Farewell, Google+: Google to shut down its social network by April 2019

Google sign

Last updated on December 10th, 2021

On Monday, Google announced some surprising, if long-expected, news: it’s shutting down Google+, after years of the social network failing to gain much traction.

However, this wasn’t the only motivation for shutting down Google+. The Wall Street Journal (and eventually Google itself) reported that a vulnerability in Google’s software gave third-party developers access to private Google+ profile information. This includes email addresses, birth dates, relationship status, etc. The vulnerability existed from 2015 until 2018, when Google discovered and quietly patched it. Worse, Google didn’t publicly report this bug, as they didn’t want negative attention similar to Facebook’s Cambridge Analytica problems.

As part of Google’s “Project Strobe,” a project to tighten security protocols involving third-party developer access, Google plans to shut down Google+ for consumers at the end of August 2019. (Update 12/10/18: Make that April 2019, per news of another leak found.) However, it’ll live on in enterprise-aimed services.

My thoughts on Google+

MacBook with Google
Photo by 377053 (Pixabay / CC0)

Speaking as someone who wants a viable alternative to Facebook, Google+ seemed to fix most of Facebook’s problems. For starters, Google’s social network didn’t have algorithms designed to hide posts from followers.

That said, Google+ never gained much traction with the general public, outside of a dedicated group of users in the various forums. There’s also that people refused to switch from Facebook, despite complaints about Mark Zuckerberg’s platform. A lack of users or close friends on Google+ went against the point of a “social network,” of course.

The hiding of the bug to avoid Facebook’s fate is also problematic. However, given current political changes (GDPR in Europe, etc.), we might see such actions by tech giants harder to hide in the future.

That said, barring some massive shift (or an actually viable, just as easy to use, feature-for-feature replacement), I don’t think anything will get the public to switch from Facebook at this point. Like it or not, we’re stuck with Facebook, and its algorithms that’re the source of many of its problems. So… good luck, Mastodon?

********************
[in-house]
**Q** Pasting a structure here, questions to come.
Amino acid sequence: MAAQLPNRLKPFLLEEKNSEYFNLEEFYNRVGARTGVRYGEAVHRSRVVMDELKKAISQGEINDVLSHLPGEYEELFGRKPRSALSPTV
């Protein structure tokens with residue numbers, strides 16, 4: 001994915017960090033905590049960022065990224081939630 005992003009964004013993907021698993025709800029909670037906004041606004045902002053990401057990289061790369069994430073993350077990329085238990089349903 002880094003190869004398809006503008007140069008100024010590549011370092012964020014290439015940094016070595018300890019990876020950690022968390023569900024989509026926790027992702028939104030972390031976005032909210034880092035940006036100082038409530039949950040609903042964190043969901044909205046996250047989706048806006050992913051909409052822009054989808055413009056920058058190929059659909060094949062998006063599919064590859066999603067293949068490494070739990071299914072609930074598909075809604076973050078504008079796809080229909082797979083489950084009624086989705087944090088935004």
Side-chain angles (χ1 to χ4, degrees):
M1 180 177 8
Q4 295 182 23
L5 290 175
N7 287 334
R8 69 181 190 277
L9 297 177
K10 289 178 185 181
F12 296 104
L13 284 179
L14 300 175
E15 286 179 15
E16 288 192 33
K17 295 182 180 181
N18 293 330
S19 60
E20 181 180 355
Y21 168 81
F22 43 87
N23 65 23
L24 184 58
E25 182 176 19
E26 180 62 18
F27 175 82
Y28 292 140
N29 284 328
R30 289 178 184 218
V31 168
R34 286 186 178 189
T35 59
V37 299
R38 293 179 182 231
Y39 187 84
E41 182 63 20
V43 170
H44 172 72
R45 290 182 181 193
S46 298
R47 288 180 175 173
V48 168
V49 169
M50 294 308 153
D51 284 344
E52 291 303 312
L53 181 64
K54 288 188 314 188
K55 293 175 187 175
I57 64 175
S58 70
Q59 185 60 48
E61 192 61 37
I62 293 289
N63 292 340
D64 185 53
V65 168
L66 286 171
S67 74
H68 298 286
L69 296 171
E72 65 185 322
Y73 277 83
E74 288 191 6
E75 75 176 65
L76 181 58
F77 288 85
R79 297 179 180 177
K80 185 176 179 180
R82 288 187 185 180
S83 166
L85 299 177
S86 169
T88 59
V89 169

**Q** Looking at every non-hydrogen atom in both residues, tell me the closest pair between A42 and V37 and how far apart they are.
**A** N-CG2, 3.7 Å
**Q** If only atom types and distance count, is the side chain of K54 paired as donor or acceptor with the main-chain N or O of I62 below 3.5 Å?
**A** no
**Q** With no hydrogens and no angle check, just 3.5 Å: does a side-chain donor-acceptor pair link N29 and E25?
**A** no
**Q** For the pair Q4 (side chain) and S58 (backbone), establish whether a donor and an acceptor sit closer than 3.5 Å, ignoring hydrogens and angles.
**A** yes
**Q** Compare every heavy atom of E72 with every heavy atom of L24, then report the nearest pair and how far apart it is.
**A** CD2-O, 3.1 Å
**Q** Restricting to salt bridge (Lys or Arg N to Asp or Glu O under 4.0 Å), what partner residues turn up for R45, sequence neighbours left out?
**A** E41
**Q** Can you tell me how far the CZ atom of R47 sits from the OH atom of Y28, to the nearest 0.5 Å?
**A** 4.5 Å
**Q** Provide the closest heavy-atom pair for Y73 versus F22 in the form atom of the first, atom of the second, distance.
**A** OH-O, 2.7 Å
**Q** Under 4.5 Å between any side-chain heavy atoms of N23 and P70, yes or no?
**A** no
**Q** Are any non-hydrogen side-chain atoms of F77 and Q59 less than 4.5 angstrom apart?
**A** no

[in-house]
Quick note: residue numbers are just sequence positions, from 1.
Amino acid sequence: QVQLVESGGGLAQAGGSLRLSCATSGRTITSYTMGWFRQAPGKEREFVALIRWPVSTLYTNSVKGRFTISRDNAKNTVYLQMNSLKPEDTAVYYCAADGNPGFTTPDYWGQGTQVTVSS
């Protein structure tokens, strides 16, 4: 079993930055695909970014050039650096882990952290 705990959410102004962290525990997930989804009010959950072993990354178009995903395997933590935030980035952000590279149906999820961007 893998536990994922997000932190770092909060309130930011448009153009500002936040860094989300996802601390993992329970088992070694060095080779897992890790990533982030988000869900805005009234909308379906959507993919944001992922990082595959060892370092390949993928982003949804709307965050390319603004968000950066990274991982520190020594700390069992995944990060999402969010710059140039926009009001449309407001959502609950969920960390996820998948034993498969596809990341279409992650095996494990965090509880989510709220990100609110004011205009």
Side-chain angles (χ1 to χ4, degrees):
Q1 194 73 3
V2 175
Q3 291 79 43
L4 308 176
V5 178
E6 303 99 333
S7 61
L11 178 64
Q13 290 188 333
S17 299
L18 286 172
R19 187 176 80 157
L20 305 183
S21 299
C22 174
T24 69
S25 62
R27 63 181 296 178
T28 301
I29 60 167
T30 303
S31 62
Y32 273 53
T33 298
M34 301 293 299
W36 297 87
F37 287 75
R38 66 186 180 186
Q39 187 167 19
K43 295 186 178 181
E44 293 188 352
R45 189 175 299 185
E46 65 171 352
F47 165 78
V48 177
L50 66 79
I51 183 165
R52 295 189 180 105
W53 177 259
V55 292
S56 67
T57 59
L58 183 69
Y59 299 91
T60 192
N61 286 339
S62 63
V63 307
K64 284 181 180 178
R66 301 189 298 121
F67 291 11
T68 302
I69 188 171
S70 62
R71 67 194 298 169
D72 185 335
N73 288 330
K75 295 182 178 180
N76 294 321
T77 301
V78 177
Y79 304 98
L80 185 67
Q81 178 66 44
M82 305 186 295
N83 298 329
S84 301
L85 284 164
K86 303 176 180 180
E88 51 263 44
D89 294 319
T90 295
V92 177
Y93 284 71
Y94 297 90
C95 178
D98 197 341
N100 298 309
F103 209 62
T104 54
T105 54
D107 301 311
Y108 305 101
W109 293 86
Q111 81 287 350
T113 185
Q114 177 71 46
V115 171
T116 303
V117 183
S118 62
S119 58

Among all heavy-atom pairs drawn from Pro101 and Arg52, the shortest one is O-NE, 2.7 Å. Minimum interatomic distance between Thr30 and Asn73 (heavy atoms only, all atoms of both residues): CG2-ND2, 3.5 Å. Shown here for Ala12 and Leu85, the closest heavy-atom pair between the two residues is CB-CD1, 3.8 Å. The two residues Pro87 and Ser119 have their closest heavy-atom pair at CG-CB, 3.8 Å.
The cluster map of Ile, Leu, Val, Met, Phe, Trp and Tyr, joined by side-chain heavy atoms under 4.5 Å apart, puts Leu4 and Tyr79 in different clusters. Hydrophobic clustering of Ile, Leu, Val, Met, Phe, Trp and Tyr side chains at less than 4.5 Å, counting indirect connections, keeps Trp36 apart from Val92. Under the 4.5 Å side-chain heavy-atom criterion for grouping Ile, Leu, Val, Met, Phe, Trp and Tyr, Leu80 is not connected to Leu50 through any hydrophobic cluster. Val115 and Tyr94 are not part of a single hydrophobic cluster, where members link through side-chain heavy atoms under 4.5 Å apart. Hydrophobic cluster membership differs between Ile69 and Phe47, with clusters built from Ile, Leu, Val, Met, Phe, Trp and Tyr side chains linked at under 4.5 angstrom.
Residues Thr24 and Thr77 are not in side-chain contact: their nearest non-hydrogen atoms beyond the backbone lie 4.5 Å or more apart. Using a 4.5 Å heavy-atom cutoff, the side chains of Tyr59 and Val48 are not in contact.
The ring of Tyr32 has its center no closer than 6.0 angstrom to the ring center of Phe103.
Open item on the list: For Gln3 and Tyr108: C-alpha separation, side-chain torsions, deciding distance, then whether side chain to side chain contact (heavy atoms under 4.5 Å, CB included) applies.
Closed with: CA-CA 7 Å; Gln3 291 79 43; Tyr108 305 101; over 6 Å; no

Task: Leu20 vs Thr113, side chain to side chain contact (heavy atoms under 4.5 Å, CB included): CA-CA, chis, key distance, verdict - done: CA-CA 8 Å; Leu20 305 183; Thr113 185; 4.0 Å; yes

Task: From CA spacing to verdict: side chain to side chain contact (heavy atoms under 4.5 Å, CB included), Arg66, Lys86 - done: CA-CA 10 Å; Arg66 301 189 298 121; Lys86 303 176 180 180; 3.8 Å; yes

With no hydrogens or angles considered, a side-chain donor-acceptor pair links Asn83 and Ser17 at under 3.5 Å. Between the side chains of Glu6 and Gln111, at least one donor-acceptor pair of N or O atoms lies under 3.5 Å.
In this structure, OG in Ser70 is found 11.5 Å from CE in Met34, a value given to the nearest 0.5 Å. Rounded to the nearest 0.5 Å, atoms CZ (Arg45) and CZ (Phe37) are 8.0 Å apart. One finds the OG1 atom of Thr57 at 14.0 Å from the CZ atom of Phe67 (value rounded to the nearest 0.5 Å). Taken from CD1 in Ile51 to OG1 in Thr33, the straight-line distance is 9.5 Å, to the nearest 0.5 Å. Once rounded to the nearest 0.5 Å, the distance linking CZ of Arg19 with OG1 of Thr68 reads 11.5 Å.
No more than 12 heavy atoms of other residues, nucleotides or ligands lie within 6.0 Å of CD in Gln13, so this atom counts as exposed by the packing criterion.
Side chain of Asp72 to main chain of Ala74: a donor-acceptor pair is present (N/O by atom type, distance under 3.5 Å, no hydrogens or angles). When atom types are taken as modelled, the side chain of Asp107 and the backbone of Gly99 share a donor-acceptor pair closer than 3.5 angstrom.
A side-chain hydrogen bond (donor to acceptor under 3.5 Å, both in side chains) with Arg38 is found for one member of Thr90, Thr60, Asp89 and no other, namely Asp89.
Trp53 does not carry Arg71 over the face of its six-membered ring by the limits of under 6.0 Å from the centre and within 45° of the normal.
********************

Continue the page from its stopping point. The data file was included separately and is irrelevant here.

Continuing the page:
My future social media plans

Social media apps
Flickr photo by Jason A. Howie (CC BY)

As I wrote just a month ago, all of the above, plus a drop in blog traffic from Google+ and wanting to simplify my number of social networks, led me to shutter my profile.

I’ll try to make the most of my Facebook page, despite that it’s not really paying off, mainly for the above reasons. (And no, I’m not paying to “boost” a post’s visibility.) I’ll also still be using Twitter; it’s my most frequently used and favorite social network, plus my blog’s main source of social media traffic. I’ll also still share the occasional photos on Instagram.

However, I’ll also continue to push for RSS and email. Some blame Google for trying to kill RSS via launching Google+ in the first place (as well as killing Google Reader). However, RSS is still an active part of the internet today.

As for email, I’ve disabled email sign-up for newly published blog posts for now; the plugin I use, Jetpack, seemed to be having issues with that after my recent webhost move. However, I’m considering launching a newsletter for the blog, assuming enough people are interested to make it worth the cost. (Namely, renting a post office box to have a non-home address to list, per anti-spam laws.)

“Google Logo 1” by Ryan J. Quick is licensed under CC BY 2.0 (Flickr / cropped from original)

Anthony Dean

Anthony Dean is the owner of Diverse Tech Geek and Diverse Media Notes.

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